New Jersey benefitted from the change in how the report calculated spending. But while the state improved its ranking from 50th to 44th, there are still a number of major problems. The state ranks in the bottom 10 of six of the categorical rankings. For example, despite spending a lot of money, pavement quality is far below average. The state ranks in the bottom 10 in the nation in three of the four pavement categories rankings. In contrast, peer states Maryland and Massachusetts have pavement quality around the national average.
New Jersey is one of six states with a capital and bridge disbursement ratio higher than 1.5. The other five are Washington, Alaska, Idaho, New York, and Arizona.
New Jersey is one of eight states that reported more than 7% of their urban Interstate pavement in poor condition. The other seven are Hawaii, Louisiana, New York, California, West Virginia, Delaware, and Michigan.
New Jersey is one of nine states where automobile commuters spend more than 30 hours annually stuck in peak-hour traffic congestion. New York, Massachusetts, Texas, Rhode Island, Illinois, California, Delaware, and Connecticut are the others.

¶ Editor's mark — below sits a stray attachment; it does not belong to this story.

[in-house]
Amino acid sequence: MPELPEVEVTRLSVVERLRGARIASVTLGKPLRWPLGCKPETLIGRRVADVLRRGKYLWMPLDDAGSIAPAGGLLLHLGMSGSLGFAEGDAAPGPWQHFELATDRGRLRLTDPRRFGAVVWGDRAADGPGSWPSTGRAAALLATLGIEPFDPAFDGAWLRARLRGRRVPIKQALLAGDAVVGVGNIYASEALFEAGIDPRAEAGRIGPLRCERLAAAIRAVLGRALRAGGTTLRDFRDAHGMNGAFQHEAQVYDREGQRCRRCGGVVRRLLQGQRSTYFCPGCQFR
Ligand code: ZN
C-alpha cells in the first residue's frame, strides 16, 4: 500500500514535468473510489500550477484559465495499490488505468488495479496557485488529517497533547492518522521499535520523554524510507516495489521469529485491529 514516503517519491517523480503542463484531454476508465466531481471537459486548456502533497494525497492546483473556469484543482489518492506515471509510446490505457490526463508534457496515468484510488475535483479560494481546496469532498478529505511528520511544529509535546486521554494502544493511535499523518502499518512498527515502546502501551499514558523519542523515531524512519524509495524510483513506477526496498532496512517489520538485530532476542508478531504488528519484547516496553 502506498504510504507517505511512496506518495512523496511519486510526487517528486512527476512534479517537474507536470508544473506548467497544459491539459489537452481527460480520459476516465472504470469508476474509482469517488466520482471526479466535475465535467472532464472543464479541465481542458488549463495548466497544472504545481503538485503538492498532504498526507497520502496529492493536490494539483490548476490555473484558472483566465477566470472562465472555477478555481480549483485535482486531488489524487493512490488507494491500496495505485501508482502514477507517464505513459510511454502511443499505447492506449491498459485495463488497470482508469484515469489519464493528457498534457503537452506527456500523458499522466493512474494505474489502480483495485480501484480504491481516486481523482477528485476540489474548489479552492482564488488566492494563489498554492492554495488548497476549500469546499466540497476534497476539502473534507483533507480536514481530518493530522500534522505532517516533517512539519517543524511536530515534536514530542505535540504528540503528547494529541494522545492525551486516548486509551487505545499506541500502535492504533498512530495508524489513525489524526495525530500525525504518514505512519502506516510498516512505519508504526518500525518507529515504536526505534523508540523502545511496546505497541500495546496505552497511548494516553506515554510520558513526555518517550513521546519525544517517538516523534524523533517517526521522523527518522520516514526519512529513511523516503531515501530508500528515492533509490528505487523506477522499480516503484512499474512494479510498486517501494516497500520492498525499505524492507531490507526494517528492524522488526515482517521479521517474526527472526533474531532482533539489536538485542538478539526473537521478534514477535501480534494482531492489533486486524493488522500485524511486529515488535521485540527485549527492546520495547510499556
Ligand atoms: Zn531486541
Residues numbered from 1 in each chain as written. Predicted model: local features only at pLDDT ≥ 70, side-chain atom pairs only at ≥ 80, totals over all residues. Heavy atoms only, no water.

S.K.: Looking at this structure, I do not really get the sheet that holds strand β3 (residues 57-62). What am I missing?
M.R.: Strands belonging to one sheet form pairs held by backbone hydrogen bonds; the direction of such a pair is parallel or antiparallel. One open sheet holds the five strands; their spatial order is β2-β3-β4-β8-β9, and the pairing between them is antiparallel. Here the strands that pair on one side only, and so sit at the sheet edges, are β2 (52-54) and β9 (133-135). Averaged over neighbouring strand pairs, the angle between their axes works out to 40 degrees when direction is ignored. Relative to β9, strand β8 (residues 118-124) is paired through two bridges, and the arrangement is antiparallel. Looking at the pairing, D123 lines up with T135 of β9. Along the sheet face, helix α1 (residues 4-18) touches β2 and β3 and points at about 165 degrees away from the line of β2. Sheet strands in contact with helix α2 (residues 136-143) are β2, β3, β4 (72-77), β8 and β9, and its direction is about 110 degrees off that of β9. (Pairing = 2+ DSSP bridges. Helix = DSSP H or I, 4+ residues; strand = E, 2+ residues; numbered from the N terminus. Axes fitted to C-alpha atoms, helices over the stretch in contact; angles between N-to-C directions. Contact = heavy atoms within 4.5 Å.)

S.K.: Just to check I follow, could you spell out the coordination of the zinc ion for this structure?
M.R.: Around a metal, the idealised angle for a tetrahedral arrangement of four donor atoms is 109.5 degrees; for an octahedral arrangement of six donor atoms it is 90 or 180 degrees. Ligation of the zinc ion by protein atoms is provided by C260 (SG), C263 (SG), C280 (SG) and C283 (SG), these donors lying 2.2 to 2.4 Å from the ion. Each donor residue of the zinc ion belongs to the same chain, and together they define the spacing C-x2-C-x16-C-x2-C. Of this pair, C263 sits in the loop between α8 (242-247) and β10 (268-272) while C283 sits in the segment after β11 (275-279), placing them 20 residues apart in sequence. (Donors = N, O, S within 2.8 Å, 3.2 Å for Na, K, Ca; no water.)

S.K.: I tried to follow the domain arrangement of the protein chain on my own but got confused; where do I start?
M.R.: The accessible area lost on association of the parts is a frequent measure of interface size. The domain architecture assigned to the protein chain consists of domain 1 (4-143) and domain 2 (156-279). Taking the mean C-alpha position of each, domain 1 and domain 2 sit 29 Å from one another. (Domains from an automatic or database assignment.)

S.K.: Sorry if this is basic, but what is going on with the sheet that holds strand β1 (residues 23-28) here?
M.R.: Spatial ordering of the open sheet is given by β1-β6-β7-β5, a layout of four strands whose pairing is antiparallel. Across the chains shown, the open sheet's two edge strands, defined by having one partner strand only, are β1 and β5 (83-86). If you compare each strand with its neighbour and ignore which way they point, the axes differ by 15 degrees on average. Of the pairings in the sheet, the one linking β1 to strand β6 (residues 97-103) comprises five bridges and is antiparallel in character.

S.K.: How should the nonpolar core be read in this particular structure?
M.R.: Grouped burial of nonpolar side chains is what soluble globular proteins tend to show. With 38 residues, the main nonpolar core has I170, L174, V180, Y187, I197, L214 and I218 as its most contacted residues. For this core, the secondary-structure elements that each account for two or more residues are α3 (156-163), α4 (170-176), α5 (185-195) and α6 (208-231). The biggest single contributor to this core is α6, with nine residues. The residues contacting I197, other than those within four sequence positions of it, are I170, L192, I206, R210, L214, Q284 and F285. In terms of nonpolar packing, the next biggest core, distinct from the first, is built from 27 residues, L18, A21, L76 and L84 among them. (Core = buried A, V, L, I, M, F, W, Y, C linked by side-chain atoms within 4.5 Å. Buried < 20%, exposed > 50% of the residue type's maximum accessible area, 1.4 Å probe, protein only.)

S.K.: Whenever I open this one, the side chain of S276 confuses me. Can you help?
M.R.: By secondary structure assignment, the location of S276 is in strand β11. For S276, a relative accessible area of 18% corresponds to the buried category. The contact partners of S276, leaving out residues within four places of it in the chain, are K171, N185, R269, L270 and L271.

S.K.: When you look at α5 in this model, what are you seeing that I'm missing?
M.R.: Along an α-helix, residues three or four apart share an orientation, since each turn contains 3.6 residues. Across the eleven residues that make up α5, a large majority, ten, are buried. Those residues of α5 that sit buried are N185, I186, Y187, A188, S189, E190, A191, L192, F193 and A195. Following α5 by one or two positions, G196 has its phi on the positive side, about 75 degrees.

The Annual Highway Report is based on spending and performance data submitted by state highway agencies to the federal government and urban congestion data from the Texas A&M Transportation Institute for 2020 as well as bridge condition data from the Better Roads inventory for 2021. For more details on the calculation of each of the 13 performance measures used in the report, as well as the overall performance measure, please refer to the appendix in the main report. The report’s dataset includes Interstate, federal, and state roads, but not county or local roads. All rankings are based on performance measures that are ratios rather than absolute values: the financial measures are disbursements per mile, the fatality rate is fatalities per 100 million vehicle-miles of travel, the urban congestion measure is the annual delay per auto commuter, and the others are percentages. For example, the state ranking 1st in structurally deficient bridges has the smallest percentage of structurally deficient bridges, not the smallest number of structurally deficient bridges.